That said, I love the shagginess of Tolkien’s detours and oddities. It’s part of the charm — and Bilbo is a character in way over his head and just trying to get through everything alive. I’m trying to let my own books be a little shaggier, instead of buttoned-up and rigorously structured.

            But there’s a difference between potentially charming detours and missteps that sap the story of momentum and urgency. I get why Jackson et al cut Tom Bombadil, but I’d call it a potentially charming detour. Frodo moving a couple of towns over and doing nothing, OTOH, is something an editor should have asked JRRT to reconsider.

            (This has nothing to do with the Mets, but after last night that’s not a bad thing.)

          • Jacobs27

            Thanks for your thoughts, Jason! I totally agree.

            I think what makes Tolkien so inimitable is how roundabout and unformulaic his writing is. Chock full of details and detours that don’t necessarily serve the plot or character arcs but give an incredible amount of texture and whimsy to the world. Or at least sometimes they do. Shagginess is a good word.

            Sometimes it feels like he’s struggling to adapt his historical knowledge of Middle Earth to the format of a novel — like, don’t look at me, dear reader, this is just how it actually happened — but that’s also part of the charm.

  • mikeL

    thanks jason.

    yup, it was great fun while it lasted.
    for a few weeks ours looked like a team of destiny.
    i was imagining all or the ripped jerseys that might accompany a trophy somewhere.

    that 14 inning gut punch last week was the anti-mojo.
    still wishing rosario had been thinking walk against swarzak.

    but the failure to come back from that game a week ago is on the entire team

    they all looked so sullen last night. the run indeed over.
    (though i’ll dare the mets to prove me wrong, of course)

    meantime i’ll stop waiting til ballgames are over to get my bike rides in. that only works after a big win, with giddy, nervous energy to displace. this has been a week of dejected crashings on the couch.

    oh well…

  • Seth

    For some reason, the Mets have not won since J.D. Davis screamed “We did it again!!”

    • mikeL

      rookie over-enthusiatic pre-mature celebrulation

      and yes i totally bought into it.

      reminds me of a young wright and reyes, cigars in mouth and champagne on the field to celebrate clinching the division.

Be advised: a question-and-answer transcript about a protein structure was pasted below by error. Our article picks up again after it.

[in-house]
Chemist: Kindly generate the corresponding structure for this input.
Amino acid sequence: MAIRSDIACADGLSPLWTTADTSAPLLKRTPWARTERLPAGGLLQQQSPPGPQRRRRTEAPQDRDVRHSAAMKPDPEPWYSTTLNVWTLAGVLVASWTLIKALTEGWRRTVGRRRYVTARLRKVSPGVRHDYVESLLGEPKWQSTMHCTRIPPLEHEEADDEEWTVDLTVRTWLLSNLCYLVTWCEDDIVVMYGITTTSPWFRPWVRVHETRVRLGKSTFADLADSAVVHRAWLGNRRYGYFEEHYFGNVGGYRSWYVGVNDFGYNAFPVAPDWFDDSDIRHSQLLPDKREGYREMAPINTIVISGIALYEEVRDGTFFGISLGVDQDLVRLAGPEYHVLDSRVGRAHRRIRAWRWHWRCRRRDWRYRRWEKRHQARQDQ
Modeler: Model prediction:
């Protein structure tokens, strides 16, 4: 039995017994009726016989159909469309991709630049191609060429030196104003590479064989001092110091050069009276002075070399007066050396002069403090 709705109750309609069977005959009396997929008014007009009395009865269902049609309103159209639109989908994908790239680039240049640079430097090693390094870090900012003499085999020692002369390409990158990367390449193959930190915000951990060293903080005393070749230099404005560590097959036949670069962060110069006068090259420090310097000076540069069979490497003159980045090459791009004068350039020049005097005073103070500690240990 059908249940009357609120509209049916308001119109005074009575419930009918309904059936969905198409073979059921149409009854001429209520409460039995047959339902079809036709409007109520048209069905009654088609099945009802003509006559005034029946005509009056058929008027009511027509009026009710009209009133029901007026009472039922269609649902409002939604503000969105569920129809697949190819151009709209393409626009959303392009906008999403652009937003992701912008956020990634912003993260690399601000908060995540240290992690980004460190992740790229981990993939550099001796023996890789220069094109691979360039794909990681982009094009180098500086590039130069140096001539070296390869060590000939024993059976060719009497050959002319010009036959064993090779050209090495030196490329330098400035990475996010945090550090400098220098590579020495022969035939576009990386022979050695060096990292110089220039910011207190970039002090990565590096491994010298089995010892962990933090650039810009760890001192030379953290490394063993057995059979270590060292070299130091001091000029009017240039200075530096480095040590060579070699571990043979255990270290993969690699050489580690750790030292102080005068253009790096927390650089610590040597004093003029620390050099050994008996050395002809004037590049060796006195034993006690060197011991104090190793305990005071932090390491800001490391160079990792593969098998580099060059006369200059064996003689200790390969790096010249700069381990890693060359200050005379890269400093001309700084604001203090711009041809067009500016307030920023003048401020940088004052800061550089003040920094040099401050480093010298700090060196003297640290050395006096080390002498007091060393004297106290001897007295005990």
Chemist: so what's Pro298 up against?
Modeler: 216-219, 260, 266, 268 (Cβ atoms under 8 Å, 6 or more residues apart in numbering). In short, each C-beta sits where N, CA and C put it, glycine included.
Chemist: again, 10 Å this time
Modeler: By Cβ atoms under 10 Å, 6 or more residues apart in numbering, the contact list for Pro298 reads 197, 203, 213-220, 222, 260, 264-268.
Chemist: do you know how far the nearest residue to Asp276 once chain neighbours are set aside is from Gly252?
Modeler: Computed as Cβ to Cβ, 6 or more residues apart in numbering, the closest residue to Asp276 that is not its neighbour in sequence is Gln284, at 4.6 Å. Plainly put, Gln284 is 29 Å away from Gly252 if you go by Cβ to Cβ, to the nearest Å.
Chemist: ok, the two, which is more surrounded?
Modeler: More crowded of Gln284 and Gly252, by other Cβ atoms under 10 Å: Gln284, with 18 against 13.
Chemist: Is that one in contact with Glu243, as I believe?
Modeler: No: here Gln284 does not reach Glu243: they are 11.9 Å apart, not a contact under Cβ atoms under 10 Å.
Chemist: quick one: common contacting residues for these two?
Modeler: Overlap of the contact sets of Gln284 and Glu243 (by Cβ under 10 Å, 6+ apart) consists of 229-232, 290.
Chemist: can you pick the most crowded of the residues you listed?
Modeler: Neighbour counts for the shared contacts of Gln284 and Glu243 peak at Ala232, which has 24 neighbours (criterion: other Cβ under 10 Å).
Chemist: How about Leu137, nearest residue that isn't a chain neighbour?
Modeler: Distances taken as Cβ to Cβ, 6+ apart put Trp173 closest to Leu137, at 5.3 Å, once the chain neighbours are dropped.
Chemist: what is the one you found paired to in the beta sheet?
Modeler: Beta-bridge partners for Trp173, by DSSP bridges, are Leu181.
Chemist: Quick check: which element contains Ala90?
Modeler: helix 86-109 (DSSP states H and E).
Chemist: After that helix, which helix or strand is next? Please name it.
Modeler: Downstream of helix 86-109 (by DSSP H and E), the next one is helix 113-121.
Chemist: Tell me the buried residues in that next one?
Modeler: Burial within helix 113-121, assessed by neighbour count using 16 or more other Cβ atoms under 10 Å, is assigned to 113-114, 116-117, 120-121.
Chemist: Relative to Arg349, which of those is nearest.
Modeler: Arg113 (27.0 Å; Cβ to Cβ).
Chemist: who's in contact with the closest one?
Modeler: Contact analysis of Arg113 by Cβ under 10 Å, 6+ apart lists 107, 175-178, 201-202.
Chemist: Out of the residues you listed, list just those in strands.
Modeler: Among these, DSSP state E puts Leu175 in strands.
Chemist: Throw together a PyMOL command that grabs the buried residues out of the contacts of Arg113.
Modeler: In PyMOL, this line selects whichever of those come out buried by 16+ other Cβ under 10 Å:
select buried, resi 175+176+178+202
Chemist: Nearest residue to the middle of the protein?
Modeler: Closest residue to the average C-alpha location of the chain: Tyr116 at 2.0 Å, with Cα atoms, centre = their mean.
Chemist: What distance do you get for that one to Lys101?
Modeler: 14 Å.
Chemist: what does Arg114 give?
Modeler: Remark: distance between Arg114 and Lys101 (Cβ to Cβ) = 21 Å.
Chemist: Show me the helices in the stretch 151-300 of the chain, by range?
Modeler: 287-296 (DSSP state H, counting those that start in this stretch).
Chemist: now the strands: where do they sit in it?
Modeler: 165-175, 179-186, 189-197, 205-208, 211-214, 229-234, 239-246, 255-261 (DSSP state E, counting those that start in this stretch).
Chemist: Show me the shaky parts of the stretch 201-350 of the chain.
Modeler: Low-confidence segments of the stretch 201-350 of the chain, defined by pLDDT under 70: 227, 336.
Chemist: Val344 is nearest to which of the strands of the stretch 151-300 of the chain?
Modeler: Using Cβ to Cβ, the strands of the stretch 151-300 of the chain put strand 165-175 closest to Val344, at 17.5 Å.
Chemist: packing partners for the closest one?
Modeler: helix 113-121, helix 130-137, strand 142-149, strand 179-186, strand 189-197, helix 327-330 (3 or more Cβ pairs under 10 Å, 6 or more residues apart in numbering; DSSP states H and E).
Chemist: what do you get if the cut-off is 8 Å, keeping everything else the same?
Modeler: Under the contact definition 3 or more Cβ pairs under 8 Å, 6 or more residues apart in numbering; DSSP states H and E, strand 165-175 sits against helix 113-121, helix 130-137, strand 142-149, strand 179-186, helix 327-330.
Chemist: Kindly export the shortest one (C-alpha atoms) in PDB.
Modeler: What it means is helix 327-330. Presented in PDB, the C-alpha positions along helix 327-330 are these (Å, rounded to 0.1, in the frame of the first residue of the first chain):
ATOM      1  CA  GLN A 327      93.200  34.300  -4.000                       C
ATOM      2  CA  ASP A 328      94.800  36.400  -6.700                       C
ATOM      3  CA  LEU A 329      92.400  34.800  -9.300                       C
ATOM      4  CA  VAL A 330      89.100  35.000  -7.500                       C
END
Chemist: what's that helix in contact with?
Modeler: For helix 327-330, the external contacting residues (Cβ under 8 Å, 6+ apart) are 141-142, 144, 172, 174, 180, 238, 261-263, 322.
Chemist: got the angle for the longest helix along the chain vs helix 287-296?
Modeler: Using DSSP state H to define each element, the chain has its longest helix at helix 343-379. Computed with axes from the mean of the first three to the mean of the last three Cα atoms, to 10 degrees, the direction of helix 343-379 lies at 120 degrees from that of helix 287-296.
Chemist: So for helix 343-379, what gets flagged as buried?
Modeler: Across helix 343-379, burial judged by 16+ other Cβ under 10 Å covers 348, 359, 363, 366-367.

despise the yankees as i do, they tend to favor acting like they’ve been there before, and keep the pot boiling.

      i always wished a willie, or better, a respected veteran had told the young stars to save some of that for the WS.

      the baseball gods and karma in general can be very cruel and ironic.

  • SeasonedFan

    It was a fun ride while it lasted although nagging doubts persisted. Meanwhile, maybe now Management will quit using “Come Get Us” to sell Tickets. (Talk about bad mojo.)

    • mikeL

      “come get us” would go well on a commemorative tee.
      would include thor the night before last, diaz when he almost decapitated the chisox catcher – and every other met pitcher not pulled before it was much too late.

      thanks brodie.


  • 9th String Catcher

    Well, it’s pretty dark at this point, but I’ve been surprised too many times this year, and am not giving up hope. I can see them taking 5 out of 6 from Phillies and Nationals and being right back in the mix. They are a very streaky team, and they are primed for another good run. And getting out of town can only help right now. LGM!

    • From your fingertips to the baseball gods’ monitor, but I think they already handed the Mets their shot and they missed it.

      • mikeL

        the baseball gods gave the mets how many?? innings/chances a week ago tonite.

        the mets used ’em all up and all they got was a fully depleted ‘pen (that totally overperformed per baseball gods’ *really* wanting a mets miracle)

  • eric1973

    The day they put on those crappy uniforms is the day it all started going down the tubes.

    At least that’s how I’ll remember it.

  • mikeL

    ^^ no shit.

    and why not alternate those crap uni’s at the very least!?
    mets: good humor man / house painter – uni as kick me sign
    braves : ninjas, special ops, cartel kingpins – violently bad-ass

  • A good piece of writing to puts perspective on the season (and the sport) — thank you.

    Yes, a very disappointing series of games, but they came after a thrill ride that felt like it might not end this way. I am still a hopeful Mets fan and like a lot about this team. Maybe some upgrades in the off season will give them the turbo boosters they need for 2020.

  • Steve D

    Seth makes a good point…they may have gotten some swelled heads over there. In addition, I felt Alonso was not as humble as he could have been after breaking the Met record in a loss. Perhaps this brings them back to reality, but I also would have to look at the manager if this in fact is the case.